It’s a little known fact that only one in three of us in the UK have written a will. While it’s not necessarily enjoyable to think about what will happen after we pass away, it’s an incredibly important document to have. You may feel like putting it off, it’s worth noting, a huge amount of peace of mind can be gained by having an up-to-date and official will.
What happens if you don’t have a will? Well, that depends on your situation. If you are unmarried but with a long term partner, under current laws your partner will not have the right to any of your assets – including any property you own. If you are married, your spouse may be required to share any inheritance with others in your family. Both of these could lead to a bereaved spouse or partner having to sell the home in order to release the equity in the home. If you have no close family, your estate may be inherited by very distant relatives rather than someone you have been close to for a long time. If you have children, you will not have any influence over their guardianship after your demise if you don’t have a will. On top of this, you may have to pay more inheritance tax on everything you leave behind.
How to write a will? You can get will-writing kits in some post offices, however it is strongly recommended to work with a solicitor to make sure that it genuinely represents your wishes, minimizes inheritance tax and covers all the bases.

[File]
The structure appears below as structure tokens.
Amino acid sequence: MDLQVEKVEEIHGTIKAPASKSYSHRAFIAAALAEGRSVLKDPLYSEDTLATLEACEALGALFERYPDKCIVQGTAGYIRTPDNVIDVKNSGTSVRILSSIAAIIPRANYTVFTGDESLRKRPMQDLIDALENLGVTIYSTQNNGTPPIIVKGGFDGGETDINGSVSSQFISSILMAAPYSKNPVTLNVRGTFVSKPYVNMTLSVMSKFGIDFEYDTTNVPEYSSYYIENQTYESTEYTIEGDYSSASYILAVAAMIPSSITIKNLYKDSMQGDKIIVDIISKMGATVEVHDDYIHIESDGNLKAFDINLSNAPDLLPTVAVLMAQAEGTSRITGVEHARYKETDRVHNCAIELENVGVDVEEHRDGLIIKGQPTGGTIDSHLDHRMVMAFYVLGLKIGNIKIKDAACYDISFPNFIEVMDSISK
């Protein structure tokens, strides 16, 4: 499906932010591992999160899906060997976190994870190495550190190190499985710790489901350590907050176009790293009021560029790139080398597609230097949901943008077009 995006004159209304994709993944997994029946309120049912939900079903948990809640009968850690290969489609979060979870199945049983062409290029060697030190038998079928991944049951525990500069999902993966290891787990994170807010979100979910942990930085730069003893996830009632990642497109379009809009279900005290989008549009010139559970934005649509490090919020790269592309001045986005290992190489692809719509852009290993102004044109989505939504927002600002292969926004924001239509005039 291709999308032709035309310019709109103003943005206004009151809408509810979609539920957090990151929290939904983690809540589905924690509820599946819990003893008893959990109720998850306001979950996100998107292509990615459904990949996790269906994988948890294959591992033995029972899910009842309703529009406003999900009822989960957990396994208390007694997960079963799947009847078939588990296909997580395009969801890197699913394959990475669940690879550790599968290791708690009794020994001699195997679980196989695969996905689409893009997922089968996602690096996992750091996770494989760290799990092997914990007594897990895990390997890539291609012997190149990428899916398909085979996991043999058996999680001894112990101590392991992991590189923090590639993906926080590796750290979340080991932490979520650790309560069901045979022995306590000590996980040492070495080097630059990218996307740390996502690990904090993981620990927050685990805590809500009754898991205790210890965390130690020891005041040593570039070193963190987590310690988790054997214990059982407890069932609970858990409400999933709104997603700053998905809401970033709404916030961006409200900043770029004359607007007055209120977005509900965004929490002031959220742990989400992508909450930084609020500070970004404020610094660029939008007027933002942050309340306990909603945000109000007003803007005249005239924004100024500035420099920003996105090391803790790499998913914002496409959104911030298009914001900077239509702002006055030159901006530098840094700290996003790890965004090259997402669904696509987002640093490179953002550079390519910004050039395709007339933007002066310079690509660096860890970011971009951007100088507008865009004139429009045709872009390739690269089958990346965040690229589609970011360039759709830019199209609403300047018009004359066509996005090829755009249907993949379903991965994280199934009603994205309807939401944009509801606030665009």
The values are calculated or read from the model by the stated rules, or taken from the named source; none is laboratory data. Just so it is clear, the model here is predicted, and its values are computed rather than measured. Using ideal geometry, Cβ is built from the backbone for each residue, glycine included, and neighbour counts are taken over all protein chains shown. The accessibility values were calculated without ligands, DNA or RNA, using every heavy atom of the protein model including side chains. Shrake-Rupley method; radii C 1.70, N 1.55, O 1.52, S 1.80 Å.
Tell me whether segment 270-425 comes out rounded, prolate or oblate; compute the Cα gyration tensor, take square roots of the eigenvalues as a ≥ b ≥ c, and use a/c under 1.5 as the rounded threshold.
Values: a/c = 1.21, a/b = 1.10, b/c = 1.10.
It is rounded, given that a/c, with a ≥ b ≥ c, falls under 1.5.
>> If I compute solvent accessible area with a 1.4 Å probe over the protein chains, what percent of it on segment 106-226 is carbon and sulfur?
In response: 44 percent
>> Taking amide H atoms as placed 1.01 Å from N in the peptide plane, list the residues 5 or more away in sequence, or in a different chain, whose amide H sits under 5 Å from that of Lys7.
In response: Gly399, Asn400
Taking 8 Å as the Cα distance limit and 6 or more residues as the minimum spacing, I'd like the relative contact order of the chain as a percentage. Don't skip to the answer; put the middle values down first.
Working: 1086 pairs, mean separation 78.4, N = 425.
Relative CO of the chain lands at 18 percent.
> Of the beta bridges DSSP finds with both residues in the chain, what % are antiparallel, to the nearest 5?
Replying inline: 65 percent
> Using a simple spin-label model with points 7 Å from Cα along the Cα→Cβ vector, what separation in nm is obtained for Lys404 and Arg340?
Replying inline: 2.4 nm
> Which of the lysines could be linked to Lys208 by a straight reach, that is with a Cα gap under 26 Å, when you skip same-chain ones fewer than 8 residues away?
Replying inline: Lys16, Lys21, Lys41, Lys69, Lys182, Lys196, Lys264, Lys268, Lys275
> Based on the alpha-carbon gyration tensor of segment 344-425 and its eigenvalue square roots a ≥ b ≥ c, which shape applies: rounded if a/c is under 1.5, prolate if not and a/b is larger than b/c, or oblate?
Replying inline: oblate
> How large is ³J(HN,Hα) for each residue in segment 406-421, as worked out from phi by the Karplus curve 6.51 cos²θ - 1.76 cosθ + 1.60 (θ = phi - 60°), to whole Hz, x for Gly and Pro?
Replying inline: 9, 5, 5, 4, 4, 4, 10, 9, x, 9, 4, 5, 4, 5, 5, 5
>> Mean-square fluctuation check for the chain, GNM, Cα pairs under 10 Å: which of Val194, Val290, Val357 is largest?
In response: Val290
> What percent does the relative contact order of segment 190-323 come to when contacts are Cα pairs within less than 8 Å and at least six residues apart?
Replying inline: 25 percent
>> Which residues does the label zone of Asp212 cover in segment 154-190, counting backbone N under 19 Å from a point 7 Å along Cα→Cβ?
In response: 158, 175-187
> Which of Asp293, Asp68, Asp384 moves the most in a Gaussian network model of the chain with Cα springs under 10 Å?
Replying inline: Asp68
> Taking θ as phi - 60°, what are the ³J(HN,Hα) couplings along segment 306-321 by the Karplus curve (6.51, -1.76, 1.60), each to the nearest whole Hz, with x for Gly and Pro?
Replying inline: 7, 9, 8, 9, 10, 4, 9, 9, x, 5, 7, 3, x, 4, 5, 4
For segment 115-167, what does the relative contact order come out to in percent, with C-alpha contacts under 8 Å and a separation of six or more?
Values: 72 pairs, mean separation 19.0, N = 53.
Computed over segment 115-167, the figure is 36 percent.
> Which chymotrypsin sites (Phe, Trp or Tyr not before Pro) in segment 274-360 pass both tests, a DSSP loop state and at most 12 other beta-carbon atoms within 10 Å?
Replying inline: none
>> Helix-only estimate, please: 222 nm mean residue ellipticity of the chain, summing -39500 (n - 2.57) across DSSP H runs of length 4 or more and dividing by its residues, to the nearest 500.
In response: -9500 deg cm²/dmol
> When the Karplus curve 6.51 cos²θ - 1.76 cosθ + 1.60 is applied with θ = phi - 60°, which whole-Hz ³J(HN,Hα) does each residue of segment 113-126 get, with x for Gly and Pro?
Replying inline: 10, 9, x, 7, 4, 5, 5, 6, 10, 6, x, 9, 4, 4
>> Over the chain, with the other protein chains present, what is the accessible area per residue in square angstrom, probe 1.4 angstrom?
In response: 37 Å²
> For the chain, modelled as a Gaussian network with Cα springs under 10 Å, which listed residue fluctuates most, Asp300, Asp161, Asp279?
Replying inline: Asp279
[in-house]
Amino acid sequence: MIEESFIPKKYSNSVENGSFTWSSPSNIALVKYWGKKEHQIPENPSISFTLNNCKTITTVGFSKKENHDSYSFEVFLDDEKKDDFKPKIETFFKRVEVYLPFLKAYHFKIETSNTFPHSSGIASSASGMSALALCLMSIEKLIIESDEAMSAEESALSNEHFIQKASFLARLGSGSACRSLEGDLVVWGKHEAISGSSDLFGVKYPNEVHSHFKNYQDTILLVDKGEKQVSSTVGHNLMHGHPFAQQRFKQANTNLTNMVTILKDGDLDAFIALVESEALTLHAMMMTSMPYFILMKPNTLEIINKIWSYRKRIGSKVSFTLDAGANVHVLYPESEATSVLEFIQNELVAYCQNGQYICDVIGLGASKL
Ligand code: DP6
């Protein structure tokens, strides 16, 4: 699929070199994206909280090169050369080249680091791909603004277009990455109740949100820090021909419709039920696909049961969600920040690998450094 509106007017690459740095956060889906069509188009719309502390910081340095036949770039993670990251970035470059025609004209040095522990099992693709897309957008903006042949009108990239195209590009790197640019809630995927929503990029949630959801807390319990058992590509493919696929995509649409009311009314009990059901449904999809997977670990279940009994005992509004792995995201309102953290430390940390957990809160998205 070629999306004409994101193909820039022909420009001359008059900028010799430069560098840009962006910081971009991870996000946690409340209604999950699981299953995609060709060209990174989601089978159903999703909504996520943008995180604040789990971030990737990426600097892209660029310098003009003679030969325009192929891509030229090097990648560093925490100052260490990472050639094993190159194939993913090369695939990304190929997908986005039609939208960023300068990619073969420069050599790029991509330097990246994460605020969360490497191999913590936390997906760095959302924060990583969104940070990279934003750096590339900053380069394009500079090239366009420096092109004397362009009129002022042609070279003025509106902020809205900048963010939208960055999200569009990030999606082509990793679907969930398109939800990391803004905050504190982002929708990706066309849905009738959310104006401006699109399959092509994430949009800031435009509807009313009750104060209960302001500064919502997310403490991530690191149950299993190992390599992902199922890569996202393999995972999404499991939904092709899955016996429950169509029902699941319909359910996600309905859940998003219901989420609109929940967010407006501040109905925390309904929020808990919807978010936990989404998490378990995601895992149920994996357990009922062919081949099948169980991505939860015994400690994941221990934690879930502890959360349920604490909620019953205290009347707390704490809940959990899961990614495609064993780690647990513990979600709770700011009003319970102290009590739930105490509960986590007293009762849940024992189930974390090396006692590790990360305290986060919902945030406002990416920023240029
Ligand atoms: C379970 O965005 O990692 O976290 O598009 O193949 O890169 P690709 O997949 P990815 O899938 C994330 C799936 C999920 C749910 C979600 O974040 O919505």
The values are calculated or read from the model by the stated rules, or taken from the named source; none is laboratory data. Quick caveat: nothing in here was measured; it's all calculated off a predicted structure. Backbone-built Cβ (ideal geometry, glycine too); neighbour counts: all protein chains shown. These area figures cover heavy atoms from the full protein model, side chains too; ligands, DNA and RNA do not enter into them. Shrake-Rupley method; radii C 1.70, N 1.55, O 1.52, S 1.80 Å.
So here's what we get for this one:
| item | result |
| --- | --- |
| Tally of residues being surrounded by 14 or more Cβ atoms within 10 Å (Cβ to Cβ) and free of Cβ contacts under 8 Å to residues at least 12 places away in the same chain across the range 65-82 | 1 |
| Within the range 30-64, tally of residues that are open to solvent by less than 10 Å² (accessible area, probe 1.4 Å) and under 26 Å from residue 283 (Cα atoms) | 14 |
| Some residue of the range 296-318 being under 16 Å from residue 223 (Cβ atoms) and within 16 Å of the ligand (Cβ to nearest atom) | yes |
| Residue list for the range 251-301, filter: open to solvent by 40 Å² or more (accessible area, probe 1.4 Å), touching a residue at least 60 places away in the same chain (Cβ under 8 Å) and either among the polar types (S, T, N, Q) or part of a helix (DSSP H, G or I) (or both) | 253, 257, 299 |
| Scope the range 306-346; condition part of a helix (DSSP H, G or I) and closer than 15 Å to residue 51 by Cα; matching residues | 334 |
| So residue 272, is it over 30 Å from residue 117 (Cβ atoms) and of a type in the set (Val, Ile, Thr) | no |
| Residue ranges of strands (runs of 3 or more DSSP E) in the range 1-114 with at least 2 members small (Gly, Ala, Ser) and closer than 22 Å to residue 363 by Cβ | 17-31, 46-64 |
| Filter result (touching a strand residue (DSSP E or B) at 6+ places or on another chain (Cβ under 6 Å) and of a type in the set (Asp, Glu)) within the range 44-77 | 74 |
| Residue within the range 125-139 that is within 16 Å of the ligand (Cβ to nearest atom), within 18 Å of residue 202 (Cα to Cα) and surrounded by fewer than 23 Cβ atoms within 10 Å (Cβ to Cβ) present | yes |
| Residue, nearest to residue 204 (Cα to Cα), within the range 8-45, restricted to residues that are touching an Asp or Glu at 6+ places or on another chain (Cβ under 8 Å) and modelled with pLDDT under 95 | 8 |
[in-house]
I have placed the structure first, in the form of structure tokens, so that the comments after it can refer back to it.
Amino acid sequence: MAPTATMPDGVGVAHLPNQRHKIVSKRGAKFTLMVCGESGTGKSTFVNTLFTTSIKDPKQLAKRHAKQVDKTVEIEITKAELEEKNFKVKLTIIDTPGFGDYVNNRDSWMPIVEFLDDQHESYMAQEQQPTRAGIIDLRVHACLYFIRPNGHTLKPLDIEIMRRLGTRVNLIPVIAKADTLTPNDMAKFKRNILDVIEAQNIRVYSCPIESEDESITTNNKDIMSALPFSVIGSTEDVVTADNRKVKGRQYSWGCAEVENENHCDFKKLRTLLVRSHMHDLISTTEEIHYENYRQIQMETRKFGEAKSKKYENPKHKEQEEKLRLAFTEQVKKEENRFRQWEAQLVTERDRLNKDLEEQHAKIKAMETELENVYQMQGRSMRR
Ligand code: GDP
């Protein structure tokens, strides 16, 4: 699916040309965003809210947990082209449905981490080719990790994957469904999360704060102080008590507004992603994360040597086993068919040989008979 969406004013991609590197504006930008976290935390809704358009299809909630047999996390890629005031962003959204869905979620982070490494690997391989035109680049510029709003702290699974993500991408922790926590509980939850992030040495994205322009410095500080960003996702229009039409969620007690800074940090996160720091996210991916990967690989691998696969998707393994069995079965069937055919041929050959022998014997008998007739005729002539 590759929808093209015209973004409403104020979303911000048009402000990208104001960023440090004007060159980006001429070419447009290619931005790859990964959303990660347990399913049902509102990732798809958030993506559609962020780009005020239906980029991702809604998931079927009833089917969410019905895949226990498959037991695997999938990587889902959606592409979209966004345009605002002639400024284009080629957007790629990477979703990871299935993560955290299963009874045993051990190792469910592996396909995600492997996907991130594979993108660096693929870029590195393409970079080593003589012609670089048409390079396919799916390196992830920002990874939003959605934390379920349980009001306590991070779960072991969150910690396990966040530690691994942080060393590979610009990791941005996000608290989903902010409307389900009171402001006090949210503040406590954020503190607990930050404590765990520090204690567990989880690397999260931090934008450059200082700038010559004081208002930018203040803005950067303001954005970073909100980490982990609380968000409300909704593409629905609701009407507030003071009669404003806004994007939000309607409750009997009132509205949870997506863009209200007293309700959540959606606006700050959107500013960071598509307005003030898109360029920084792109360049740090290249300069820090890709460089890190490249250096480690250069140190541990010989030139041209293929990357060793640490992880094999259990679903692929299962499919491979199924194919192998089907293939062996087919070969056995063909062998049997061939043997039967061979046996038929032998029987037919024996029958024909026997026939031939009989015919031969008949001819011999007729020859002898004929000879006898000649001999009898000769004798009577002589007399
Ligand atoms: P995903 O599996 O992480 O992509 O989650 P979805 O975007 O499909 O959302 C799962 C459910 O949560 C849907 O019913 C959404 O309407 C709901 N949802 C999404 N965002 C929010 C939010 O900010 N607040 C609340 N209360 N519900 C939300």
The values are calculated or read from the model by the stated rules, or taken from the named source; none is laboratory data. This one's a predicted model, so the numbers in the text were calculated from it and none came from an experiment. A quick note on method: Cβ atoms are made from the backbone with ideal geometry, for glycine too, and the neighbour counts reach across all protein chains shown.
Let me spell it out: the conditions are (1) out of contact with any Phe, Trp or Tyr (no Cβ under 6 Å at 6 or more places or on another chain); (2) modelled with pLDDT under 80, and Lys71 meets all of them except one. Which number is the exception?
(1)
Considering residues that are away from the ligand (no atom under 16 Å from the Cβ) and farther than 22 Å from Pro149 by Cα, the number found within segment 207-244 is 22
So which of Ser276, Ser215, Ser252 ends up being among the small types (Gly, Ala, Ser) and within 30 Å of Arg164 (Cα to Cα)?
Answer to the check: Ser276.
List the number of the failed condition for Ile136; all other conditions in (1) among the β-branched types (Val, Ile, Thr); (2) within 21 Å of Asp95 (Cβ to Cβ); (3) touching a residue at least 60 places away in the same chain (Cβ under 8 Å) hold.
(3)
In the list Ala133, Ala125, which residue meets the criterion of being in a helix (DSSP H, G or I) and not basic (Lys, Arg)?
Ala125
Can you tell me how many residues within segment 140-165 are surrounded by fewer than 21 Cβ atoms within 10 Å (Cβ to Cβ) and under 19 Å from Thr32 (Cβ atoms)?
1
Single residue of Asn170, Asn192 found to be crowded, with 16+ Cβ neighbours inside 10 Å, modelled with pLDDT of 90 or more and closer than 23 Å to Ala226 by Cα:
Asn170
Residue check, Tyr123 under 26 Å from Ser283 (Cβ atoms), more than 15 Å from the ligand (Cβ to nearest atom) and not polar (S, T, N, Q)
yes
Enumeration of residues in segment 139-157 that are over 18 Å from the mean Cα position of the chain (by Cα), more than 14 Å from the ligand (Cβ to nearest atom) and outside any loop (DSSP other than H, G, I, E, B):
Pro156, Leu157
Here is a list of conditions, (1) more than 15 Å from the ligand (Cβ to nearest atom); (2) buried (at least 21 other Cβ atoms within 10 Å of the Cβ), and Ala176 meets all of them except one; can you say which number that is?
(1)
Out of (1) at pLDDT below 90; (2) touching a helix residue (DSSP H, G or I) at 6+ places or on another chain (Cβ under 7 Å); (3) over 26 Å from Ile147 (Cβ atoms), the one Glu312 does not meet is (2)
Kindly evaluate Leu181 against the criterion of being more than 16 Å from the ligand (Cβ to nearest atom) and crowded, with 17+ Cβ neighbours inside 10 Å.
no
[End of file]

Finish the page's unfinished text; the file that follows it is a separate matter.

What should your will include? Your solicitors will be able to guide you through writing your will; however there are a few crucial elements to include. You can specify the people and charities you would like to leave your money to. If you have young children, you can specify who you would like to be their guardian if anything happens to you. You can name the people you would like to be the executors of your will, as well as taking steps to keep the inheritance tax from the money and property you leave behind to a minimum. If you own a business you can specify the succession, so that you can leave in the hands of someone you know will look after it and grow it according to your wishes. If you are leaving a large inheritance, you also have the option of setting up a trust for future generations of your family. On top of all this, you can outline your funeral wishes.